In summary, we have resolved three different mechanisms responsible for the frictional strength of this nanoscale asperity. Figure 5a shows the friction force divided by load as a function of the slip rate in the three regimes; note that in the HS regime this value significantly differs from the friction coefficient, which becomes negative under certain conditions (Fig. 3a). Dry friction is also displayed for comparison. Representative measurements for the lateral force as a function of the sliding distance (during trace and retrace of the tip) at three selected sliding velocities are shown in Fig. 5b–d. Hydration lubrication occurs at normal stresses σn ≤ 200 MPa, when the confined solution lubricates the nanoscale contact and friction is small and dictated by the viscous shear force of the fluid film. Here, the corrugation of the lateral force (Fig. 5b–d, blue) is indistinguishable from the noise (~0.02 nN), supporting smooth sliding, and thus, viscous energy dissipation. At higher normal stresses (σn~200–400 MPa, green), velocity-strengthening friction is originated by the shear-promoted thermally activated slip of the surface-localized hydrated ions, and it is strongly dependent on the solution composition. Here, the variation of the lateral force is much higher than the noise, revealing a periodic atomic-scale stick–slip with a slip length of ~0.5 nm, close to the unit cell of calcite, throughout all sliding velocities. Such discontinuous sliding is characteristic of the shear-promoted thermally activated slip in nanoscale experiments as a result of the jumps from the transition state to the adjacent energy minimum17,50. Intermittent slip prevails in the HS regime (red), although it becomes more irregular, which is likely associated with the concurrent pressure solution of calcite. The pressure-induced dissolution re-activates hydration lubrication at higher stresses (σn > 400 MPa), thereby causing a significant weakening of the frictional strength of this single asperity. Here, the red dashed line shows the calculated friction force assuming that the friction force at the highest velocities is still given by Eq. (2) and extrapolating to lower velocities; the area between calculated and measured friction force gives the decrease in dissipated energy per unit time as a result of pressure solution (see arrows in Fig. 5a). This is most prominent at slow sliding velocities (0.2 µm s–1, Fig. 5b), where the lateral force in the HS regime is of similar magnitude as in the LS and IS regimes but at much higher normal stresses. The lateral force increases when sliding occurs at 1 µm s−1, while the reproducible drops pointed by the arrows in Fig. 5c reflect the sequential weakening of the frictional strength upon sliding. The characteristic drops vanish with a further increase in the sliding velocity to 5 µm s–1 (Fig. 5d), indicating that pressure-solution facilitated slip is not noticeably active anymore. This mechanism is more pronounced with increasing calcium concentration, likely owing to the enhanced calcite surface reactivity; in nature, it will depend on the specific composition of the brine.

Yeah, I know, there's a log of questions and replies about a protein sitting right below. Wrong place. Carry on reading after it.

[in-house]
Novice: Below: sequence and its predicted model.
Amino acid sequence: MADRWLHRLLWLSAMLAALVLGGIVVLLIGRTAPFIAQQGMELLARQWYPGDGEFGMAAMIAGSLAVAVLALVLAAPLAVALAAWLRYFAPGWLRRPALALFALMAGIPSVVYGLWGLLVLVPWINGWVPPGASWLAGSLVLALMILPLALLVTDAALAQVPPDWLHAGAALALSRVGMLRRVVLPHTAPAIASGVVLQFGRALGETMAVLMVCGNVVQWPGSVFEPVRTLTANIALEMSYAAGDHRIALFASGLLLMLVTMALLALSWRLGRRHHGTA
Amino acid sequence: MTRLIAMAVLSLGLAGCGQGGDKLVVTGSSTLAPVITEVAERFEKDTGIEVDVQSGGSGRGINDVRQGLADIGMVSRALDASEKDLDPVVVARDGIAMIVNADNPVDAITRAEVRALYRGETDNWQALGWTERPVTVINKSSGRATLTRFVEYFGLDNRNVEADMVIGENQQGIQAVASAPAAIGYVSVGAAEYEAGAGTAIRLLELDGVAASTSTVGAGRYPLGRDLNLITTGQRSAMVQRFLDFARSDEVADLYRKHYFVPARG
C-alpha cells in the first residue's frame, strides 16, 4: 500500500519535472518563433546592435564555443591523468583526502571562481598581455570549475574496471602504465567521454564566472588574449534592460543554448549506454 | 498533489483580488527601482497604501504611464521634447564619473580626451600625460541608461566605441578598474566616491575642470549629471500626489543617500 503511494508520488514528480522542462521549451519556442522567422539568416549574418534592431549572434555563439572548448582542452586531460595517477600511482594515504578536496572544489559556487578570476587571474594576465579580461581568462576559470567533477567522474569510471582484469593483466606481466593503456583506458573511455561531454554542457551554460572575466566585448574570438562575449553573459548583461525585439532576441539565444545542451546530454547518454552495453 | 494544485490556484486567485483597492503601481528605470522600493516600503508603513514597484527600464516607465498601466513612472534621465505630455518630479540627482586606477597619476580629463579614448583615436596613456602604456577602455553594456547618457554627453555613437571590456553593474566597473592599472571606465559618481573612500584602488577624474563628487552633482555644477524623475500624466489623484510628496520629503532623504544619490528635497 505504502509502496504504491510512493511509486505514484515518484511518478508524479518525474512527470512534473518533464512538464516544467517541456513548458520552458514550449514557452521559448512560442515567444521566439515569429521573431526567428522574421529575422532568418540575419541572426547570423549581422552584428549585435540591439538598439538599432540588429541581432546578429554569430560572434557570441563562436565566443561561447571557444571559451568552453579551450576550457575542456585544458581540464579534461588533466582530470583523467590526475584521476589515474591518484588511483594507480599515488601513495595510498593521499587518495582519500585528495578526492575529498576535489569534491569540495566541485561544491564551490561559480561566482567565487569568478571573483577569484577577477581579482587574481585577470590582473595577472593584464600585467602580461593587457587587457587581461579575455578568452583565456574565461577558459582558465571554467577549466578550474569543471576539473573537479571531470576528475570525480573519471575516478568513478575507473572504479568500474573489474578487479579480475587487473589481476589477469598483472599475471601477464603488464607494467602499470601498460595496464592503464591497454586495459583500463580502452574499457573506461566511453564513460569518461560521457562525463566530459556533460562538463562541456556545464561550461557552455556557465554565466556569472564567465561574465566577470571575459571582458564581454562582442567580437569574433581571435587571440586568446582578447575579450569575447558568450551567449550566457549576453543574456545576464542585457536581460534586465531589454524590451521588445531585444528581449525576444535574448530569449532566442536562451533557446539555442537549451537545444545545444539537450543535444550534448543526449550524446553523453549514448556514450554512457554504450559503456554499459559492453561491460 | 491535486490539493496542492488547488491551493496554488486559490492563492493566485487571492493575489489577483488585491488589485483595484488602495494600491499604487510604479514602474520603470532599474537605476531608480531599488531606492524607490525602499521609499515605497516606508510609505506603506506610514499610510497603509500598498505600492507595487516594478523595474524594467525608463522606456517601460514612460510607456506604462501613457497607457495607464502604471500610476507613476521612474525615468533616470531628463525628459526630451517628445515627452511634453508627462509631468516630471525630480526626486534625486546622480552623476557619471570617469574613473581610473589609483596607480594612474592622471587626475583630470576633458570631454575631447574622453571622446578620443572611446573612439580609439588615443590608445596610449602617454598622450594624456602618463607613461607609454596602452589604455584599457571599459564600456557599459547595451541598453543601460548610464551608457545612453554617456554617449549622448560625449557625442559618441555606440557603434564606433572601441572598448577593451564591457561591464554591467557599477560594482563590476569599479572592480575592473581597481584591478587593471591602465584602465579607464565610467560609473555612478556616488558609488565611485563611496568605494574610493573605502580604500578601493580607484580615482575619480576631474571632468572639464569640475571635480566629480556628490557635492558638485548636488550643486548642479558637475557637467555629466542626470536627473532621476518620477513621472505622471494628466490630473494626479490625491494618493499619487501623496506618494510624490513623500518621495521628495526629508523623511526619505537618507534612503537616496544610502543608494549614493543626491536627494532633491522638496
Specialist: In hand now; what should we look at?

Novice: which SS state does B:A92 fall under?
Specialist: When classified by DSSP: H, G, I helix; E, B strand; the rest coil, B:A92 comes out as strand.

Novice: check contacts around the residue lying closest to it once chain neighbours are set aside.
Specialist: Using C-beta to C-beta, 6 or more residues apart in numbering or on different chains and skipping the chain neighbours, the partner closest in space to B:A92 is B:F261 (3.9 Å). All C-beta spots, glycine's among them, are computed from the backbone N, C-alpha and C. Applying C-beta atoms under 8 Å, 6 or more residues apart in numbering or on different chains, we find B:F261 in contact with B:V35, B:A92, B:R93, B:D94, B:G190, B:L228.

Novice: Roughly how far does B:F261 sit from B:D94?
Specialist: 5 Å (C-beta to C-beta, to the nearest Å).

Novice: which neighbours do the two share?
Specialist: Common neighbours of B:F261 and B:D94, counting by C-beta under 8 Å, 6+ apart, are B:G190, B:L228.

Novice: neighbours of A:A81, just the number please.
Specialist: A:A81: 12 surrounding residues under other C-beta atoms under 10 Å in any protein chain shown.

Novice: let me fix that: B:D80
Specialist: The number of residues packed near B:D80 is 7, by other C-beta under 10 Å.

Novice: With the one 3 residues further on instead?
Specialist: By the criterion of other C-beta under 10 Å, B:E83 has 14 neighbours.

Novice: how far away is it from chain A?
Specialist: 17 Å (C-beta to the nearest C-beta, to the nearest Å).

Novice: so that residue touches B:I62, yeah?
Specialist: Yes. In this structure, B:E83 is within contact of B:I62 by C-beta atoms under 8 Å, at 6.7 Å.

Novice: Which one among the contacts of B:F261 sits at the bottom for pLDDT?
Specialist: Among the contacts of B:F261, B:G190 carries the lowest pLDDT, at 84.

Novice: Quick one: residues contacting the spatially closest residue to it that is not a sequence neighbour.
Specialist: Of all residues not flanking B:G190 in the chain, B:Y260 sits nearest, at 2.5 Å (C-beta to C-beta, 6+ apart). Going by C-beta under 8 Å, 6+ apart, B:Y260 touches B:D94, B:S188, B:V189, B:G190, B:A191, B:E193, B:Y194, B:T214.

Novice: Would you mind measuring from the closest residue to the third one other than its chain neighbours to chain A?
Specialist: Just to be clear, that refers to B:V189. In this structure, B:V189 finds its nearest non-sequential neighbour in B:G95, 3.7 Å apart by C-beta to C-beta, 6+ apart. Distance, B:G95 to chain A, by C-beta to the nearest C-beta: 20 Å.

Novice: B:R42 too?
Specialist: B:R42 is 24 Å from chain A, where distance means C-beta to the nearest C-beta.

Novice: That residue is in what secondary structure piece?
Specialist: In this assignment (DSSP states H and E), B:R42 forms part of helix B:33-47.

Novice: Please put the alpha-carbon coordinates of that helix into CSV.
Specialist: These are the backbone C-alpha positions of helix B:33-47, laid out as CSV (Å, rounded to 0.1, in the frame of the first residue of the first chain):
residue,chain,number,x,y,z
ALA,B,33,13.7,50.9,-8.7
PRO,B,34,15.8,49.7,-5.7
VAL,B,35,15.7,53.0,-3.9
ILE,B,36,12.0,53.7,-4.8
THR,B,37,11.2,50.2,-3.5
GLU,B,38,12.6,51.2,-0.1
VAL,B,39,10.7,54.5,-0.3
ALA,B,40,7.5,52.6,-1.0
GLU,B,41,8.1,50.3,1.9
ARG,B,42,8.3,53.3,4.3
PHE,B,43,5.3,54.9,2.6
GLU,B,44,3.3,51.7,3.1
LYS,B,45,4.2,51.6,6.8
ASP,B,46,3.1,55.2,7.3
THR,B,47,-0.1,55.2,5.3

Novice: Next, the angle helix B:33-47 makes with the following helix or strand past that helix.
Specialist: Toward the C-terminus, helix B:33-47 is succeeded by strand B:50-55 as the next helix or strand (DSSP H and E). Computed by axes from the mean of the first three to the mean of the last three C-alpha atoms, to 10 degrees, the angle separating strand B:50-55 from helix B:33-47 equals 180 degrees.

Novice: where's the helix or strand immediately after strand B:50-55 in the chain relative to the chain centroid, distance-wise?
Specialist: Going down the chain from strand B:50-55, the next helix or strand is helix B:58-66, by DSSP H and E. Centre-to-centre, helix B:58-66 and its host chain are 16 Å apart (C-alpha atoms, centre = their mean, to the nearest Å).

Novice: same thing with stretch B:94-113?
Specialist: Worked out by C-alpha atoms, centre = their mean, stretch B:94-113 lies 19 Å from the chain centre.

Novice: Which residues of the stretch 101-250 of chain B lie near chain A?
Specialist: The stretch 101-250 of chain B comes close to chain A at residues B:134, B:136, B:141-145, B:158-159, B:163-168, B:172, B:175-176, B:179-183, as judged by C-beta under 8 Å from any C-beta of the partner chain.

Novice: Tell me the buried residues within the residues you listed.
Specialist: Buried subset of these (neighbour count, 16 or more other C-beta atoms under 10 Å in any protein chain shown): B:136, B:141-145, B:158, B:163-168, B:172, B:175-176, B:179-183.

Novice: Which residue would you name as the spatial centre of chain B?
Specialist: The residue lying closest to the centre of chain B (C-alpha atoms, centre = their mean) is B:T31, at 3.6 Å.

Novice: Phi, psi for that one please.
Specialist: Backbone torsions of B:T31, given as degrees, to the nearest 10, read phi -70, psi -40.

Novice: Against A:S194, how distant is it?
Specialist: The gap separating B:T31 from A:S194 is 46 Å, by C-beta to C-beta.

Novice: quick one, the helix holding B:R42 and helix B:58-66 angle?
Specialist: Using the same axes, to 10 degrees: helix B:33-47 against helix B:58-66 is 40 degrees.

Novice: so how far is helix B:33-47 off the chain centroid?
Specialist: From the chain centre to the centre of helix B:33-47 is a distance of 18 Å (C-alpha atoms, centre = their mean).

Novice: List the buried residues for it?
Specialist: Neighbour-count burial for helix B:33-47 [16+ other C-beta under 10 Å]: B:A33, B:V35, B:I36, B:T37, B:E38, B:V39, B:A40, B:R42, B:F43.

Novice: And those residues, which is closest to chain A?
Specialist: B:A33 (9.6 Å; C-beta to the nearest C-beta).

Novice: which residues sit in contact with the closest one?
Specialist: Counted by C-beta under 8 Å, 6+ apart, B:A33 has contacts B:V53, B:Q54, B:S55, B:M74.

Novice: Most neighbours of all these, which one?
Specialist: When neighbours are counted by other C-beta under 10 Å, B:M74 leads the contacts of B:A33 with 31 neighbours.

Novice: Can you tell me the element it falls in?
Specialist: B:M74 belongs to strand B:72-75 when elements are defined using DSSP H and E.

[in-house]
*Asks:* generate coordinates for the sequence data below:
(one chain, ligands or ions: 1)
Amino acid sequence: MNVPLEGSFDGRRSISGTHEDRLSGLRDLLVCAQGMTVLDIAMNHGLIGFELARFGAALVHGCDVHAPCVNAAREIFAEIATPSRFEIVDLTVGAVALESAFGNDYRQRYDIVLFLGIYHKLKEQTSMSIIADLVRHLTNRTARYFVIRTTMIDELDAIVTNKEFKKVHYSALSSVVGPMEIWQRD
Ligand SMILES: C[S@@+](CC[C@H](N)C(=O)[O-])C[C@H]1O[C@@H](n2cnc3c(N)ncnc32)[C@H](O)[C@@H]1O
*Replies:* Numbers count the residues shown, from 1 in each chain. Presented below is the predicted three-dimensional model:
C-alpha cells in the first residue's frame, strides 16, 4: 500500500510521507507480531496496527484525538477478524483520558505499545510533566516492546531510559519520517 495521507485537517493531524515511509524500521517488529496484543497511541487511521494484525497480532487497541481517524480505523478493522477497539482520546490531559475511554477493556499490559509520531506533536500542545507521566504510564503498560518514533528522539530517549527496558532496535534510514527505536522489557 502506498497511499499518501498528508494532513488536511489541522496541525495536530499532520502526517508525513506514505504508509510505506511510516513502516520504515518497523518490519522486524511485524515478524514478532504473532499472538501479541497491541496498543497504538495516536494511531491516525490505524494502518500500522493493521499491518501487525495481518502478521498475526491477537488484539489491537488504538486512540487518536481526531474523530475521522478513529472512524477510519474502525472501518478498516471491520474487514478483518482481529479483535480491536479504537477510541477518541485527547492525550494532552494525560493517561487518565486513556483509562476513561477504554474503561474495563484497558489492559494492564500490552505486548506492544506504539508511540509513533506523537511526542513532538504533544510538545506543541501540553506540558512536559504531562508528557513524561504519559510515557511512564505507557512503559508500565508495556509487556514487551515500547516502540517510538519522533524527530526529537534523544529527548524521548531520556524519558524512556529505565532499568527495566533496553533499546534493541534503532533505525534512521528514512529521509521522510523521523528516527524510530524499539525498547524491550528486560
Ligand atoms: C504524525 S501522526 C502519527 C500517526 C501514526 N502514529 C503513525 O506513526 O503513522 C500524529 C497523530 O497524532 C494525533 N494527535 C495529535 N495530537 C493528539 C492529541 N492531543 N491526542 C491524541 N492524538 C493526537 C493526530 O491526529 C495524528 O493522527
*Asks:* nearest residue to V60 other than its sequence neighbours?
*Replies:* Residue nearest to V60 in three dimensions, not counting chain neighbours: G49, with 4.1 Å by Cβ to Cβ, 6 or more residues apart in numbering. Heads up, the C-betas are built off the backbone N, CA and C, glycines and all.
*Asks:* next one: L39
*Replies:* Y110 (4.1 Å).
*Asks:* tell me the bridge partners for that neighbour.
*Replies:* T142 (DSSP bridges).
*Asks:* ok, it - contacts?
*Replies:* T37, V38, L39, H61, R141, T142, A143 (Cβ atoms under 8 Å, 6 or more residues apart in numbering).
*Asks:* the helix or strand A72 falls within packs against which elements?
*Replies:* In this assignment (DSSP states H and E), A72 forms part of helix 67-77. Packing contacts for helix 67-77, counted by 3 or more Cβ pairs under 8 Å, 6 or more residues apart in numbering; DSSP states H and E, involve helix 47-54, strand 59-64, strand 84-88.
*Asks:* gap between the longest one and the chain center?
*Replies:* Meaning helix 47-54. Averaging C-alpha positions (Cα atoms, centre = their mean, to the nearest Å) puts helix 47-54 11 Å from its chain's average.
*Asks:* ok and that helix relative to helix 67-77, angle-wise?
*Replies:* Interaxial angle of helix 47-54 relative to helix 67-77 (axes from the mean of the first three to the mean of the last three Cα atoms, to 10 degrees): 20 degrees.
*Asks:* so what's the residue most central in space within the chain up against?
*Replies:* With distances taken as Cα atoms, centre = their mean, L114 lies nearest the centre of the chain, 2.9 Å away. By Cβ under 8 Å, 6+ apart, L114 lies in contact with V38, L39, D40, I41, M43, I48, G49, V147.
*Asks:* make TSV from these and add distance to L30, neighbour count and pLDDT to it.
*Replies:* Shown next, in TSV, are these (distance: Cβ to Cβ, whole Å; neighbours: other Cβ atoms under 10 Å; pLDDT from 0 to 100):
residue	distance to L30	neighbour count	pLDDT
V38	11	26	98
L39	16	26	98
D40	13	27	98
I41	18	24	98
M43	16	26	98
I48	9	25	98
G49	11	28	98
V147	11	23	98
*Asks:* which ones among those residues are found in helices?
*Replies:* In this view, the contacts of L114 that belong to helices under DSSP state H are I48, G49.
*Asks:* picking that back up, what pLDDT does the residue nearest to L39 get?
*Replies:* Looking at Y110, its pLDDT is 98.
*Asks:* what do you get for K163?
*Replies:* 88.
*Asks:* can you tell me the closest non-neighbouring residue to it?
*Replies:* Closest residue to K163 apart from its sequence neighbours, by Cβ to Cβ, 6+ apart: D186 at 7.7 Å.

Fig. 5
Fig. 5

Velocity-dependent frictional strength in LS, IS and HS regimes and corresponding lateral forces as a function of the sliding distance. a Rate-strengthening frictional strength (shown as the friction force divided by the applied load) of a single-asperity contact between calcite and an AFM tip in a 100 mM CaCl2 solution at low ( ≤ 200 MPa, blue circles, LS), intermediate (200–400 MPa, green squares, IS) and high normal stresses ( > 400 MPa, red diamonds, HS), with the schematics showing the three identified friction mechanisms. The black symbols represent the frictional strength of the dry single-asperity contact (Fig. 4) for comparison. At low contact stresses (LS regime), the brine lubricates the single-asperity contact causing a significant decrease in friction when compared to the dry contact (black). By further increasing the stress (200–400 MPa, IS regime); the response to shear in this regime is described as a shear-promoted thermally activated slip of the localized hydrated ions on the surface, which leads to a logarithmic dependence of friction on velocity over the investigated range ( ≤ 10 µm s–1). At high contact stresses ( > 400 MPa, HS regime), the pronounced weakening of the single-asperity contact results from pressure-induced dissolution of calcite, if the contact time is sufficiently large. The red dashed line gives the calculated friction force according to Eq. (2), as in the IS regime, and extrapolated to lower velocities; the arrows illustrate the decrease in the frictional strength provided by pressure solution. bd Representative lateral force as a function of the sliding distance in the three regimes at selected slip rates. The color scheme is the same as in a, i.e., blue for LS regime, green for IS regime, and red for HS regime. Note the different scale on the Y-axis

Discussion

Implications of our work regarding the frictional strength of calcite-rich faults are discussed next. Our experiments have shown that the presence of the aqueous solution leads to a significant weakening of the frictional strength of the single-asperity contact compared to dry conditions, as the friction coefficient drops from ~0.05 to lower than ~0.005 at slow sliding velocities (Fig. 3a). Previous studies of calcite-rich fault gouge also reported a decrease in the friction coefficient from ~0.7 to ~0.6 under saturated conditions; however, much less pronounced10. We also note the significantly lower friction coefficients reported in our work compared to macroscale friction coefficients in fault gouge and rocks. There are multiple reasons for such discrepancy, as demonstrated previously for other substrates like mica27,51, quartz43,52, and graphite53. In the case of fault gouge and rock friction, multi-asperity interlocking during macroscopic sliding of such rough surfaces as well as asperity fracture can cause a significant increase in friction that is excluded in atomically smooth contacts, like in our nanoscale experiments. The simple geometry of our study enables us to evaluate the direct effect of hydration lubrication and pressure solution on the frictional characteristics of calcite at the level of a single asperity.